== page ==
Last Friday, the California Department of Water Resources (DWR) announced that no water would be delivered [PDF] this year from the State Water Project to its twenty-nine public water agency customers—a first in the Project’s 54-year history. These deliveries help supply water to 25 million Californians and roughly 750,000 acres of irrigated farmland. DWR also announced that allocations to Sacramento Valley agricultural districts would be cut in half.
The current drought, which continues to smash records statewide, has inspired a litany of articles and musings on the drought of 1976-1977. To be sure, there are some striking similarities between our current predicament and the dire situation 37 years ago—including the fact that then, as now, Jerry Brown was the fellow declaring the emergency.
But California has often endured water scarcity throughout its history, and each occasion has brought its own challenges. Out of those challenges have come valuable lessons, and as the current dry spell becomes more severe it is worth remembering— and learning from—the state’s long history of unpredictable weather fluctuations.
The acclaimed UCLA historian Norris Hundley cautioned that, “It is a mistake…to think of California in terms of averages and regular cycles of precipitation.” Settlers’ accounts of the area are laden with odd conclusions based on the extreme conditions present at the time of observation. For example: a dry Sonoma was declared entirely unsuitable for agriculture in 1841. The Sacramento Valley was written off as “a barren wasteland.” Much of the Central Valley was just a great “inland sea” during the torrential floods of 1861-1862, when Sacramento could be traversed only by canoe, then drought-stricken two years later in 1864.
By the early 1920s, those California farmers who did irrigate relied mostly on groundwater and flowing river sources, along with some smaller reservoirs, which sustained them just enough through the dry years. The decimation wrought by the 1924 drought encouraged more widespread interest in irrigation systems, along with investment in bonds for larger systems to store water and transport it to where it was needed.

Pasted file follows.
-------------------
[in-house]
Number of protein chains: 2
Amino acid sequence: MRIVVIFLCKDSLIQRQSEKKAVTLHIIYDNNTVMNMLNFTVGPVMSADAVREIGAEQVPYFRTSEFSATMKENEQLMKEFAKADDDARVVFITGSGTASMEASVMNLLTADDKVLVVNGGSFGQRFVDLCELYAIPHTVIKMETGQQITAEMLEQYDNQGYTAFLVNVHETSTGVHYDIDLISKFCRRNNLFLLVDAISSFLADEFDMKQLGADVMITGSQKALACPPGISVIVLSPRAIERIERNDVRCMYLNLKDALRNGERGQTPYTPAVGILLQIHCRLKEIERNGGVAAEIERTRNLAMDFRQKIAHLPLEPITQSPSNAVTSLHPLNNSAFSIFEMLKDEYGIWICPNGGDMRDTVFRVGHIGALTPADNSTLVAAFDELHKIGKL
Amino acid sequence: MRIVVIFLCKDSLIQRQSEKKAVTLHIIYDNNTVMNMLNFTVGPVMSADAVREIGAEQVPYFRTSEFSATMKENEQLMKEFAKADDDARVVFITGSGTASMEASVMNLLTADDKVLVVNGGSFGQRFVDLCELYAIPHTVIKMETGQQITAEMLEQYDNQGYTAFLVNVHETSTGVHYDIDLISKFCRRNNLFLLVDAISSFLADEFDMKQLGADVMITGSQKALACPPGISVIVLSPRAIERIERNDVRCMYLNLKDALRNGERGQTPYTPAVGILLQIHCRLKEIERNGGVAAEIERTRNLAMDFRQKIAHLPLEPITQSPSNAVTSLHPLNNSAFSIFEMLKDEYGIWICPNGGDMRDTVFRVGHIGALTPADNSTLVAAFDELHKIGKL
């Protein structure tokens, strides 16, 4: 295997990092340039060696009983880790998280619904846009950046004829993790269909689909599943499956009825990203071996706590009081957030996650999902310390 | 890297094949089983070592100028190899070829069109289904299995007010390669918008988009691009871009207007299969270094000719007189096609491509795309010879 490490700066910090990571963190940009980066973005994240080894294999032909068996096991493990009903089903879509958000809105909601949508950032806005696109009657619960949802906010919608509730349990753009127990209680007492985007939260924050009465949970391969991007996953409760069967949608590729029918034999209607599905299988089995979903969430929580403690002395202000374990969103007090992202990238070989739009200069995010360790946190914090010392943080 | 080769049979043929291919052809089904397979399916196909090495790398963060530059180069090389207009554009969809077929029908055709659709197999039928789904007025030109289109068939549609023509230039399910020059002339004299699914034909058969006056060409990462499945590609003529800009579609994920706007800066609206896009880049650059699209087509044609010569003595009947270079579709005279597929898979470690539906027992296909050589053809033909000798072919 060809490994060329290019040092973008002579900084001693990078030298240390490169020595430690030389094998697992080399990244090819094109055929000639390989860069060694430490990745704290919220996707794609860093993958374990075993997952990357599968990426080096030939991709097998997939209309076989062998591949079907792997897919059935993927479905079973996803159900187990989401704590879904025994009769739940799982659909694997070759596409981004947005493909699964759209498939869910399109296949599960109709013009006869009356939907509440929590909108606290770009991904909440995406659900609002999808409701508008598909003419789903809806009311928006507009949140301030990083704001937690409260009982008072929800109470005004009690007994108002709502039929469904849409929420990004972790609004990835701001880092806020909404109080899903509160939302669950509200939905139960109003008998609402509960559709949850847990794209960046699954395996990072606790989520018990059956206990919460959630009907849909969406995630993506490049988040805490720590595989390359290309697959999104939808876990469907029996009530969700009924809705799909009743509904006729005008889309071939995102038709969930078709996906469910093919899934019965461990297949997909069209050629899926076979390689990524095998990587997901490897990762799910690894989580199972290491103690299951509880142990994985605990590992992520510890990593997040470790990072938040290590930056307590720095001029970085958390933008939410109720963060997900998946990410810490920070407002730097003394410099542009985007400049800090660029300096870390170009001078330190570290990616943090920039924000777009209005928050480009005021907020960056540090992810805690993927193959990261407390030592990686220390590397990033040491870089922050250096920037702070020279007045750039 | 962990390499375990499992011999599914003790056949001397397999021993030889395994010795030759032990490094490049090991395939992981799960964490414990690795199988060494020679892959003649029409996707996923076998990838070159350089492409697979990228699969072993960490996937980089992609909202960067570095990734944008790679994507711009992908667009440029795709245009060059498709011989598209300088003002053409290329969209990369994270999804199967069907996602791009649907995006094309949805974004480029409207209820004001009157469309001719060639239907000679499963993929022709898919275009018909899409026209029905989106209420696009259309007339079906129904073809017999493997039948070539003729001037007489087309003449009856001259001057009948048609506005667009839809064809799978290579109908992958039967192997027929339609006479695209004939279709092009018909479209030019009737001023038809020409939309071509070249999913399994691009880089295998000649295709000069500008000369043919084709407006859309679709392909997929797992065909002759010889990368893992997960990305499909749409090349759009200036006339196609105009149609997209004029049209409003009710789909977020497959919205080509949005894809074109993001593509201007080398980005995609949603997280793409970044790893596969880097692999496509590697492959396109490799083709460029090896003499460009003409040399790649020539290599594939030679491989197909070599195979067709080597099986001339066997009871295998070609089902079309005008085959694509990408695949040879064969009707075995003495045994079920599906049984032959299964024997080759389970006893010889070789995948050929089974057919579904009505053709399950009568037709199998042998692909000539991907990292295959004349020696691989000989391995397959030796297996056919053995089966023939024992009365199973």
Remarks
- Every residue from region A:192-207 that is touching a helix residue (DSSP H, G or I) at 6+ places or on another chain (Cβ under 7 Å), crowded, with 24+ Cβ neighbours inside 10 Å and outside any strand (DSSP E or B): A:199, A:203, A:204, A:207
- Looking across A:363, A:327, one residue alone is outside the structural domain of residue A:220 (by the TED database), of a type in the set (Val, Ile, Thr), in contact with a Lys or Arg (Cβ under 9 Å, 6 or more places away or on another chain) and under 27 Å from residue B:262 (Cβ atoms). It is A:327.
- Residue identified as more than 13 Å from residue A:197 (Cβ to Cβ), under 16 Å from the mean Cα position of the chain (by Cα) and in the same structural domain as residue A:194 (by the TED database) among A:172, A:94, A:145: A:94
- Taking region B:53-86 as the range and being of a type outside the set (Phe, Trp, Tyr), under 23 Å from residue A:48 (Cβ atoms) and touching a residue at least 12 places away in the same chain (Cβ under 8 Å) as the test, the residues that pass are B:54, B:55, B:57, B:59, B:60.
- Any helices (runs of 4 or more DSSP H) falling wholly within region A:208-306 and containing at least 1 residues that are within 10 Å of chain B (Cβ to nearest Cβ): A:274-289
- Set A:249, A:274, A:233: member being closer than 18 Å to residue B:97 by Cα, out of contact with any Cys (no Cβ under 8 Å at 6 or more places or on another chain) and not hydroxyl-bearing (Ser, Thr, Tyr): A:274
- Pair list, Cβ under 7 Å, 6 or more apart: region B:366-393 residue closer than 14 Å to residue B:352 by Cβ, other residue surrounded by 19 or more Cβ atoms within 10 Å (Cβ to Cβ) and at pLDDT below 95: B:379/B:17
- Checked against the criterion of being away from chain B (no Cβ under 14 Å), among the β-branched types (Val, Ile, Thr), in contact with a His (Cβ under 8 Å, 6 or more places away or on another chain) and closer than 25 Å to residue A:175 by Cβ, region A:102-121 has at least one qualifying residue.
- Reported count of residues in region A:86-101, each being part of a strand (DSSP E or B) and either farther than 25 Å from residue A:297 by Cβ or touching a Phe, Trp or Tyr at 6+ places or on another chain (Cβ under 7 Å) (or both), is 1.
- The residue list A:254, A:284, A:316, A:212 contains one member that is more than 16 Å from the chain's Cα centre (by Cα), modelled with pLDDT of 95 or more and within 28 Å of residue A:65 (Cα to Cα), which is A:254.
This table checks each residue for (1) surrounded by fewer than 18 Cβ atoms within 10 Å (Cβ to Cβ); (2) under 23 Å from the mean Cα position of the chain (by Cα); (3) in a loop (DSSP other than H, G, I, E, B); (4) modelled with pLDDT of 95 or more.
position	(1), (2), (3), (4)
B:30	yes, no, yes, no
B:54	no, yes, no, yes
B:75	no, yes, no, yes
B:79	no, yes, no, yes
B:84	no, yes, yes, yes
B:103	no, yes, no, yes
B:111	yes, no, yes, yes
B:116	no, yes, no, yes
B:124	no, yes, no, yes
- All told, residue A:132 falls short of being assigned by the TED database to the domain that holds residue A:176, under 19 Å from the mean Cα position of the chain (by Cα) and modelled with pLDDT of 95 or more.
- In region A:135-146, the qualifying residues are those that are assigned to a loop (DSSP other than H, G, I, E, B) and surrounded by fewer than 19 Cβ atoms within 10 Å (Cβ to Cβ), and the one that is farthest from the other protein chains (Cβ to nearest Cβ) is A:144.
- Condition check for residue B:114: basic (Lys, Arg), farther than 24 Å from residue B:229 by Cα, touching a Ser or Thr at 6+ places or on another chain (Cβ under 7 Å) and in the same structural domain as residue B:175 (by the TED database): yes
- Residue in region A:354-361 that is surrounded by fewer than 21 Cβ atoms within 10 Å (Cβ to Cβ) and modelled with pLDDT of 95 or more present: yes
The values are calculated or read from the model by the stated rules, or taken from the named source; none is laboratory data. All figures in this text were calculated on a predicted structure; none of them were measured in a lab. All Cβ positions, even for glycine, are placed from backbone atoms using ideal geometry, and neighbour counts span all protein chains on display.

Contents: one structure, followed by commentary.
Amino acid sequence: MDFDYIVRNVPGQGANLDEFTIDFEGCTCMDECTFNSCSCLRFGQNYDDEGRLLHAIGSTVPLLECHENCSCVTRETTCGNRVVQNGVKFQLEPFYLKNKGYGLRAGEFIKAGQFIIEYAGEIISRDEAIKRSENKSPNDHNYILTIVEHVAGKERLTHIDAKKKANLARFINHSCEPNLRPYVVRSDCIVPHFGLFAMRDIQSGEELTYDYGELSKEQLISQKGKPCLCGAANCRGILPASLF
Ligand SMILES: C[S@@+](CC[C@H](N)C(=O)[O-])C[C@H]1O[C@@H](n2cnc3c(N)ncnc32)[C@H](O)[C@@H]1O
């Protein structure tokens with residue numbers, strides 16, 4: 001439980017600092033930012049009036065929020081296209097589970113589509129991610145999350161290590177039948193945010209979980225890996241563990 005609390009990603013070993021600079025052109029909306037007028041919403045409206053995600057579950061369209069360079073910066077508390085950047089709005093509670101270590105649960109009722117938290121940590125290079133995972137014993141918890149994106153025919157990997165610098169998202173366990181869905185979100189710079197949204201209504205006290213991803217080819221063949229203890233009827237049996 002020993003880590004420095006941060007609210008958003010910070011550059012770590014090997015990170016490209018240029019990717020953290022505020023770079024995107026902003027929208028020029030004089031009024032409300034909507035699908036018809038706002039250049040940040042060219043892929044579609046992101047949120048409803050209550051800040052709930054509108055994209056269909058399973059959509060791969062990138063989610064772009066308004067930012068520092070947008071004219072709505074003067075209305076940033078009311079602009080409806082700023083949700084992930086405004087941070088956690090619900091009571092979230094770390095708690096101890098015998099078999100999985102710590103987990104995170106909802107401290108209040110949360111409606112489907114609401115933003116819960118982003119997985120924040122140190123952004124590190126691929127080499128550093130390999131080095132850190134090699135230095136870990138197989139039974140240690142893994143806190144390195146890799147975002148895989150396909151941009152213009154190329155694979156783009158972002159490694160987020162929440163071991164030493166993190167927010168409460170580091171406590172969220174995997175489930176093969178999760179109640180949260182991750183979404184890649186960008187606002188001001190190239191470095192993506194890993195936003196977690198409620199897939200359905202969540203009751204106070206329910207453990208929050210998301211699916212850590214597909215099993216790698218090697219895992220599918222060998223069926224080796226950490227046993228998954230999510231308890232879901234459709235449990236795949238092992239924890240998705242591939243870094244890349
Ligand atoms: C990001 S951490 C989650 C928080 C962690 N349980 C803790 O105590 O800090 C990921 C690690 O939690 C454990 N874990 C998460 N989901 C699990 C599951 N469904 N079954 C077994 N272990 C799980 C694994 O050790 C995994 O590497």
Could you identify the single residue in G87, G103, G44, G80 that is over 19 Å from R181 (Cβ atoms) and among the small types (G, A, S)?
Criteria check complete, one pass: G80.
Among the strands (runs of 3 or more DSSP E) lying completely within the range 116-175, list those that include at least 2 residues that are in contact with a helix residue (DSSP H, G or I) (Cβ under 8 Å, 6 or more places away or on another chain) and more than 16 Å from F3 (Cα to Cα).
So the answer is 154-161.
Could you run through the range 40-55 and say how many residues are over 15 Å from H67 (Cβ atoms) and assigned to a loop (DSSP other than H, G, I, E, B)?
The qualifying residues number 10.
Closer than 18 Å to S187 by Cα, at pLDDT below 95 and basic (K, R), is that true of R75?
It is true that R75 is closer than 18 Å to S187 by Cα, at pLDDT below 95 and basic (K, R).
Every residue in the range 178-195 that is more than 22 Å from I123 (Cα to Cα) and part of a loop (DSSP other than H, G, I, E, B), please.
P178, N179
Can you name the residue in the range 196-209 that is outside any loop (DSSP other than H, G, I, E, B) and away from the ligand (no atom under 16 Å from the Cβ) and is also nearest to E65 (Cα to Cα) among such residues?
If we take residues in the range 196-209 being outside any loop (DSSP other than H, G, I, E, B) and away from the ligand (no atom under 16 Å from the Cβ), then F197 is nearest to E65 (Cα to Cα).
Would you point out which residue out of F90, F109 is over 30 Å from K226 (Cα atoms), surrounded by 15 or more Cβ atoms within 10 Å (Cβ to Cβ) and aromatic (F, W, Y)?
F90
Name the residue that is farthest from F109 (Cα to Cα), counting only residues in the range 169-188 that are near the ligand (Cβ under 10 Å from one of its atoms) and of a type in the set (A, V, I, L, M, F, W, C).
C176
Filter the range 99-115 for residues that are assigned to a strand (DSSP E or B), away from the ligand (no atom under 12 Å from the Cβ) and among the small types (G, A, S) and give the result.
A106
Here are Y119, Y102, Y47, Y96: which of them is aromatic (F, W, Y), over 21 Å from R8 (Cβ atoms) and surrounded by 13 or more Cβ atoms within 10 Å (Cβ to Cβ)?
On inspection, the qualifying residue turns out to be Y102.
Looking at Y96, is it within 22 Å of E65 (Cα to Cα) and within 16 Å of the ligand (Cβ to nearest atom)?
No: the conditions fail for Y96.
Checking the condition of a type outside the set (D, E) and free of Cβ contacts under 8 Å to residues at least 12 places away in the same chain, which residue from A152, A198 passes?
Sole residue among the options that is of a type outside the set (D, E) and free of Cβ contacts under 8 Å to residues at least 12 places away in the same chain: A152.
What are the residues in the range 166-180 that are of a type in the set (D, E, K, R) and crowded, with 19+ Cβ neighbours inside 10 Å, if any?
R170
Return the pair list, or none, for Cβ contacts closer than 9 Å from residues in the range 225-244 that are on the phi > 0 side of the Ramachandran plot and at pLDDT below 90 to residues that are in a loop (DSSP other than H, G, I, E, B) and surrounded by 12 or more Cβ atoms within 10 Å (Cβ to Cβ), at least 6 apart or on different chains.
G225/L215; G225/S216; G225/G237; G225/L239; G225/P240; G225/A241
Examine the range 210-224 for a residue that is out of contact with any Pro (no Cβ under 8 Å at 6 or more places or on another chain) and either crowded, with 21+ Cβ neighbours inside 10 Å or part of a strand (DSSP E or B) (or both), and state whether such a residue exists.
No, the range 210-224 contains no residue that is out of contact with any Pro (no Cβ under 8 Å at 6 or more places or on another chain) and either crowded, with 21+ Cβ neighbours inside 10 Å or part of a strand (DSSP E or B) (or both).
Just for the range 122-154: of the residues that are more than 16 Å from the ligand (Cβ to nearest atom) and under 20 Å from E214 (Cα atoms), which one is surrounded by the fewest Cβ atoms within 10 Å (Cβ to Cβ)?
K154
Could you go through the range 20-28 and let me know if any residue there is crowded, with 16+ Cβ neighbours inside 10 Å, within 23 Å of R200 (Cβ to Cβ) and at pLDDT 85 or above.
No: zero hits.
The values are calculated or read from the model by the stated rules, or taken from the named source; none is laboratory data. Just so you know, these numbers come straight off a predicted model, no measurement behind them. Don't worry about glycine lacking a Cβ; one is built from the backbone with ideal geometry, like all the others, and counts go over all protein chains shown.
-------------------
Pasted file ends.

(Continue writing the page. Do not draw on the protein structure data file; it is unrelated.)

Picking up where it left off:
The Dust Bowl droughts of 1928-1935 stoked a desire for water-moving and storage on an even grander scale, and saw the design and construction of the federal Central Valley Project system of canals, pumps and aqueducts. Later, the multi-year droughts of 1947-1950 and 1959-1960 (as well as some extreme floods in the intervening years) helped to justify investment in the State Water Project, which irrigates the Central Valley and keeps taps flowing in Los Angeles.
Then came the 1976-1977 drought. At the end of the ‘wet’ season in 1976, rainfall levels were at 65 percent of the norm, reservoirs were depleted, and there was little to no Sierra snowpack to speak of (sound familiar?). Fears were confirmed as 1977 rolled in and marked one of the driest years on record. Forty-seven of California’s 58 counties declared a local drought emergency, making them eligible for relief money on both the state and federal level.